Alien landscape

December 8, 2020

A friend and I went for a walk the other night after dinner. He doesn’t have a dog; we took ours.

It was dark. It gets dark so early in December. Some houses in our neighbourhood, in Toronto’s Little Portugal, have Christmas lights, which twinkle and cheer up the urban gloom.

We walked south and crossed King Street into another part of town. When I moved to Toronto in the 1990s, this was a nameless redoubt of old factories. For one of my first stories at the Financial Post I wrote about the succession at Irwin Toy, a toy factory that had, for most of a century, filled a lumbering red-brick industrial building here. On that day in the late 1990s, I saw the machine that transformed coils of wire into Slinkies. (Irwin Toy also built table-hockey games in the building).

Later for another story I visited an old warehouse building converted into a set for a television show. At the time lots of designers and photographers populated the old factory buildings, moving with comfort among with the exposed wooden beams and brick walls, and sagging hardwood floors.

Much of this artsy cachet is now gone. What’s weird, and perhaps unique to Toronto, at least among cities in North America, is that I can leave my house, walk for half an hour, and come to a neighbourhood that I have literally never seen before.

The pace of construction in what’s now called Liberty Village is so breakneck that I’d almost call it a pathology. We walked east on East Liberty Street, a street that did not exist five years ago. Now 20-storey condo towers, made of glass and concrete and little else, line both sides of the street. They stand there together kind of like students on the first day of school; the buildings appear as though they don’t know one another. Some feature odd contemporary sculptures out front. Spindly trees offer a glimmer of hope.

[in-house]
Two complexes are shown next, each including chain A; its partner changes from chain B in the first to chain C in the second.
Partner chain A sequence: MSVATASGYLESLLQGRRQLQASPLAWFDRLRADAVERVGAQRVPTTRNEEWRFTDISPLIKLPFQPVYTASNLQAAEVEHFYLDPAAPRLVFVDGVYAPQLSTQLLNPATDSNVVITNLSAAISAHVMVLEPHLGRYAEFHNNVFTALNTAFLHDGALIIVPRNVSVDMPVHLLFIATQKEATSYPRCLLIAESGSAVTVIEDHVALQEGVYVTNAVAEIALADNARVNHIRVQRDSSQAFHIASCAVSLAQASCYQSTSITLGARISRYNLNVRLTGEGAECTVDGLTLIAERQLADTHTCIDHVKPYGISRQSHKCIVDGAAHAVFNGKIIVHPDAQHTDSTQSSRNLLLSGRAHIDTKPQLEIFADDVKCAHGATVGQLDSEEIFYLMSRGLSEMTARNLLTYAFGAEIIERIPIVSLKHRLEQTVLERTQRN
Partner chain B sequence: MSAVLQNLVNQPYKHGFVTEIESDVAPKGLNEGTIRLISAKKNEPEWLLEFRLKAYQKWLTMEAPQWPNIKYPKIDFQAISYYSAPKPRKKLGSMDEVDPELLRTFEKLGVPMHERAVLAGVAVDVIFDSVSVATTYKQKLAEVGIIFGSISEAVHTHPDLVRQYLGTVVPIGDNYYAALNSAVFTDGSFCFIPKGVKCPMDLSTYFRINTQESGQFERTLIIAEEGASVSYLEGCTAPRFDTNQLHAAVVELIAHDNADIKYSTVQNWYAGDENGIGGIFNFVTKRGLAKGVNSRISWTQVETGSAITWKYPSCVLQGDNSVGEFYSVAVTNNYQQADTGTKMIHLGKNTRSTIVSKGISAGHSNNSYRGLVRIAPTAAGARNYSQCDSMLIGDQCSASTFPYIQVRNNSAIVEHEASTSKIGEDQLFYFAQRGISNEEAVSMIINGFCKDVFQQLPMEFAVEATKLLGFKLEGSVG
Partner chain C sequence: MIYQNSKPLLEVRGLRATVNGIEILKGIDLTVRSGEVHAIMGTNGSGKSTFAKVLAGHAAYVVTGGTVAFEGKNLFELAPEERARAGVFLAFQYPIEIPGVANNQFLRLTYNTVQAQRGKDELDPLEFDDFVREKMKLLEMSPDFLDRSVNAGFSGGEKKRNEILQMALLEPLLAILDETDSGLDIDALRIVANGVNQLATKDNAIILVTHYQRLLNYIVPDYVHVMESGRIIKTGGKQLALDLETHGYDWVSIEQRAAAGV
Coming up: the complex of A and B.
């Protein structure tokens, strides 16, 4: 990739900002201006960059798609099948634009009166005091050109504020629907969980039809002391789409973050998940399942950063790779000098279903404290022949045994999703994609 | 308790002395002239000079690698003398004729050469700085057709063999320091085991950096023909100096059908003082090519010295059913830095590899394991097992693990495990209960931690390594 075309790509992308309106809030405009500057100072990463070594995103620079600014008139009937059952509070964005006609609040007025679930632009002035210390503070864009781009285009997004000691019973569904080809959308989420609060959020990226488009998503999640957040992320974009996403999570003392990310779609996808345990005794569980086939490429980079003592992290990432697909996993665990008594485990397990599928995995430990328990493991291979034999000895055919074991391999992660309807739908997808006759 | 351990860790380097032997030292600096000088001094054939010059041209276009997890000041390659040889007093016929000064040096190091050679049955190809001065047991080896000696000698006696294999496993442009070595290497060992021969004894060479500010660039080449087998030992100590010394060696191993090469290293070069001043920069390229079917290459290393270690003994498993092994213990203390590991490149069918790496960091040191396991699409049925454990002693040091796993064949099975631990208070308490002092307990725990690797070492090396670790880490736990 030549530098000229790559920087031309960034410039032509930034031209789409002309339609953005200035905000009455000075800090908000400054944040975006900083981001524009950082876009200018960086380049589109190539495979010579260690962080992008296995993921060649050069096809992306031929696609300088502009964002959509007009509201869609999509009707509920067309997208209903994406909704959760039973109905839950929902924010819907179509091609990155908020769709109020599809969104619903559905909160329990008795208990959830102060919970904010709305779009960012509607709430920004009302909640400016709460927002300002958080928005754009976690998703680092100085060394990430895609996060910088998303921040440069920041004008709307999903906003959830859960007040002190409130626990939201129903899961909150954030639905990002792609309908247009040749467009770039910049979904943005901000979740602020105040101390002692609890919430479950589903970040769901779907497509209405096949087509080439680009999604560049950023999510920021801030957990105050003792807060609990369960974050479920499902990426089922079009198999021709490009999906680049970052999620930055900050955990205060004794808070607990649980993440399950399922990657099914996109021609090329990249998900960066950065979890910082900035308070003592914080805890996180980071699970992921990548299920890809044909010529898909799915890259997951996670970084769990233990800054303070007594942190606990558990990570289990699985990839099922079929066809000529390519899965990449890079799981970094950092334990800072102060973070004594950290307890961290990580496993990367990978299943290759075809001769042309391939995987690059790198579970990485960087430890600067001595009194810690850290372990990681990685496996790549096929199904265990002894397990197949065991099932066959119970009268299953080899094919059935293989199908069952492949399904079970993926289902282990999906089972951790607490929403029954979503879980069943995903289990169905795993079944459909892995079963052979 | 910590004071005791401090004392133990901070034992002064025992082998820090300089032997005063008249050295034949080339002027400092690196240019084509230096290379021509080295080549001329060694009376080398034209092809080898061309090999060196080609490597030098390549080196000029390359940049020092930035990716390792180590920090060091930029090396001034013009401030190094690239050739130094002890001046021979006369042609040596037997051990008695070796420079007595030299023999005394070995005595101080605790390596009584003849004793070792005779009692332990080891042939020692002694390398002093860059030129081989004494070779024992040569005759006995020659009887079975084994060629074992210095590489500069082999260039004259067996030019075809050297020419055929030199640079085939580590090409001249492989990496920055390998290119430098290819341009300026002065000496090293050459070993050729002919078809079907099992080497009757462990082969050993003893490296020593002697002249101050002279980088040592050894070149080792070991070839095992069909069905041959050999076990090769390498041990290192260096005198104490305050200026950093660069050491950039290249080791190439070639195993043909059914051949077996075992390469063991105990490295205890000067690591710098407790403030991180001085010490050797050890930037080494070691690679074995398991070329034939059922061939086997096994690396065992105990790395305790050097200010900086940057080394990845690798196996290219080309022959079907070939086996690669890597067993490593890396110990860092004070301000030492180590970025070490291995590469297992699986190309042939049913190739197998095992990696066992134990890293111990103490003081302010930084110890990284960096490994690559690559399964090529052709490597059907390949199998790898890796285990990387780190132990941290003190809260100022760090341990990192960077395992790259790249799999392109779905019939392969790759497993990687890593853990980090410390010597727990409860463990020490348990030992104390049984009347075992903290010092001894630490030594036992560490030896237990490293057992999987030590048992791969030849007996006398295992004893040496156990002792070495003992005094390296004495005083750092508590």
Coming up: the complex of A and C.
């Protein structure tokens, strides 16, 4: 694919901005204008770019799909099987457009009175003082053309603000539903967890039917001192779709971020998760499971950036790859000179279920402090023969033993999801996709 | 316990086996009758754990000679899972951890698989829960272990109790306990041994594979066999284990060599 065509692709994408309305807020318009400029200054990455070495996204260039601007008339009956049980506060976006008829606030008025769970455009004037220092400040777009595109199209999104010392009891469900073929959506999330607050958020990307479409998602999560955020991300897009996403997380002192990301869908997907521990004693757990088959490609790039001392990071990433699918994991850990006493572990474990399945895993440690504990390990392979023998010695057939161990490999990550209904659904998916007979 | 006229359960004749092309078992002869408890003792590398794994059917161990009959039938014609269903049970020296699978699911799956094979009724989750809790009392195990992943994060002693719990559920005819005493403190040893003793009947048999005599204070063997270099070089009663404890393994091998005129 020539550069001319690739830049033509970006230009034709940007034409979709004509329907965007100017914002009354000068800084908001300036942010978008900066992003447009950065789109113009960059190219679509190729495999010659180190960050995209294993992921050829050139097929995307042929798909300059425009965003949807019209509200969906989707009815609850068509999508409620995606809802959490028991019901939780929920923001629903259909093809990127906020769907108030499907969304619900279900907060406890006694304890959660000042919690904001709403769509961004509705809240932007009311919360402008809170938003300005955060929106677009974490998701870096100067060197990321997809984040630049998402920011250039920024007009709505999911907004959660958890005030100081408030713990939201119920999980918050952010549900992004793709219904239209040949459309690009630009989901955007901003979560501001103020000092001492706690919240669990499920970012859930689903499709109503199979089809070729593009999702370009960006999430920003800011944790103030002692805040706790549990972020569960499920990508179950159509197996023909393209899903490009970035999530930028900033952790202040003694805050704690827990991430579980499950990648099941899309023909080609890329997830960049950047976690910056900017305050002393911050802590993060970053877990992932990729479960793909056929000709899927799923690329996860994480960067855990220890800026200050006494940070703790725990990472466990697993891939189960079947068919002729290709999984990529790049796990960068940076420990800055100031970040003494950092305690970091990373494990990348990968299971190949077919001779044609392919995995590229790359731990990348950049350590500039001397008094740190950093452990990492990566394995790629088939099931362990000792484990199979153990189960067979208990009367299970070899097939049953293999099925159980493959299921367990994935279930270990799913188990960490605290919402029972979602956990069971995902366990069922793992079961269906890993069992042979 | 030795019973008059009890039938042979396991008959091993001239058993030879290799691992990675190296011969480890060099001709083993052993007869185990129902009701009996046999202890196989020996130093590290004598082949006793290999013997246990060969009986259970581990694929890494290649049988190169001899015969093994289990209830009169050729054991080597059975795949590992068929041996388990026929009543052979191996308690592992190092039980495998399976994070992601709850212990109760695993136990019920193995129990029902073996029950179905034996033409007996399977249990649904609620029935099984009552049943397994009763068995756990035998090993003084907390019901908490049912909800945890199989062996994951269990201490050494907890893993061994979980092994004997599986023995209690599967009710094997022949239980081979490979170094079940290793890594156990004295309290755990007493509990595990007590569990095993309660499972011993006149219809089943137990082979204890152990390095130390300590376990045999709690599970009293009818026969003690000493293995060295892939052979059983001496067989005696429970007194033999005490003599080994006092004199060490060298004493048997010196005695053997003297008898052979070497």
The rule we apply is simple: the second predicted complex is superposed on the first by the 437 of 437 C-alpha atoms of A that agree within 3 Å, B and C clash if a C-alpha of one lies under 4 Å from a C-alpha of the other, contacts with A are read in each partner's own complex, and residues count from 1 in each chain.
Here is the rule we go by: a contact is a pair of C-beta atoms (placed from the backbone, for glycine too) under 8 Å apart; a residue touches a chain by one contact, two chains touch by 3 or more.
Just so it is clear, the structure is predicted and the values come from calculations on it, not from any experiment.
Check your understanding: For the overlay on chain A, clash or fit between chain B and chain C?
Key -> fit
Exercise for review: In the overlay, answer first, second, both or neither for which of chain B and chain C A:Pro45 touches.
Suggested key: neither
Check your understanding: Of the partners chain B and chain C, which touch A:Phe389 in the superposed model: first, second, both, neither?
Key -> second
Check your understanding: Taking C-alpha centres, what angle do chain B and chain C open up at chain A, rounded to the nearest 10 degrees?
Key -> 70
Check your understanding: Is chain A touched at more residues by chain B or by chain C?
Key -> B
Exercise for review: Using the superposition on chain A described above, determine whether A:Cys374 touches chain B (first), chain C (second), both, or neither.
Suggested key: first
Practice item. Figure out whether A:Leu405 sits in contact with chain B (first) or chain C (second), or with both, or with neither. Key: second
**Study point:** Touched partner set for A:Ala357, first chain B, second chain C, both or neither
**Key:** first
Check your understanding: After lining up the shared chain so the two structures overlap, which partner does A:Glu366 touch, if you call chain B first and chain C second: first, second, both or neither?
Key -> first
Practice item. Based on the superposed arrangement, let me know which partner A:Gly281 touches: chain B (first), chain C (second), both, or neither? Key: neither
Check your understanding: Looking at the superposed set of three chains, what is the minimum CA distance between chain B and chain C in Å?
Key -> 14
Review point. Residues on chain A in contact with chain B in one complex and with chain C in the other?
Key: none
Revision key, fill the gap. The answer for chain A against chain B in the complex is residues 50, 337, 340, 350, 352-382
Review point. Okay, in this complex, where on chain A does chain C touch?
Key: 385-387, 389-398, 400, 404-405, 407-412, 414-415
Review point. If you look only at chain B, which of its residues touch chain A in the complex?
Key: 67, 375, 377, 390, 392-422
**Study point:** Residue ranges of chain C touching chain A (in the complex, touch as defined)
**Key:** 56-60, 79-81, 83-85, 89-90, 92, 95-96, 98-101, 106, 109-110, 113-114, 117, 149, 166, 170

Of course it’s even weirder during COVID. There was no one around, and the restaurants were shuttered; food delivery courriers whizzed past in the dark on bicycles, electric bicycles and scooters. The whole place felt extraterrestrial and deeply strange; almost as though I’d been dropped on a foreign planet where I did not know my way, knew nobody and could not speak the language. And yet a scant few years ago this was an industrial neighbourhood where I knew a lot of people.

I am not sure how much I actually want to get to know this neighbourhood. This being Toronto, my worry is that they’ll knock it all down in five years more, and build something else.

There is some good news: what with Covid, since we can’t sit down and drink beer or coffee, we go for walks instead, which is much healthier. Plus, our dogs loves the walks.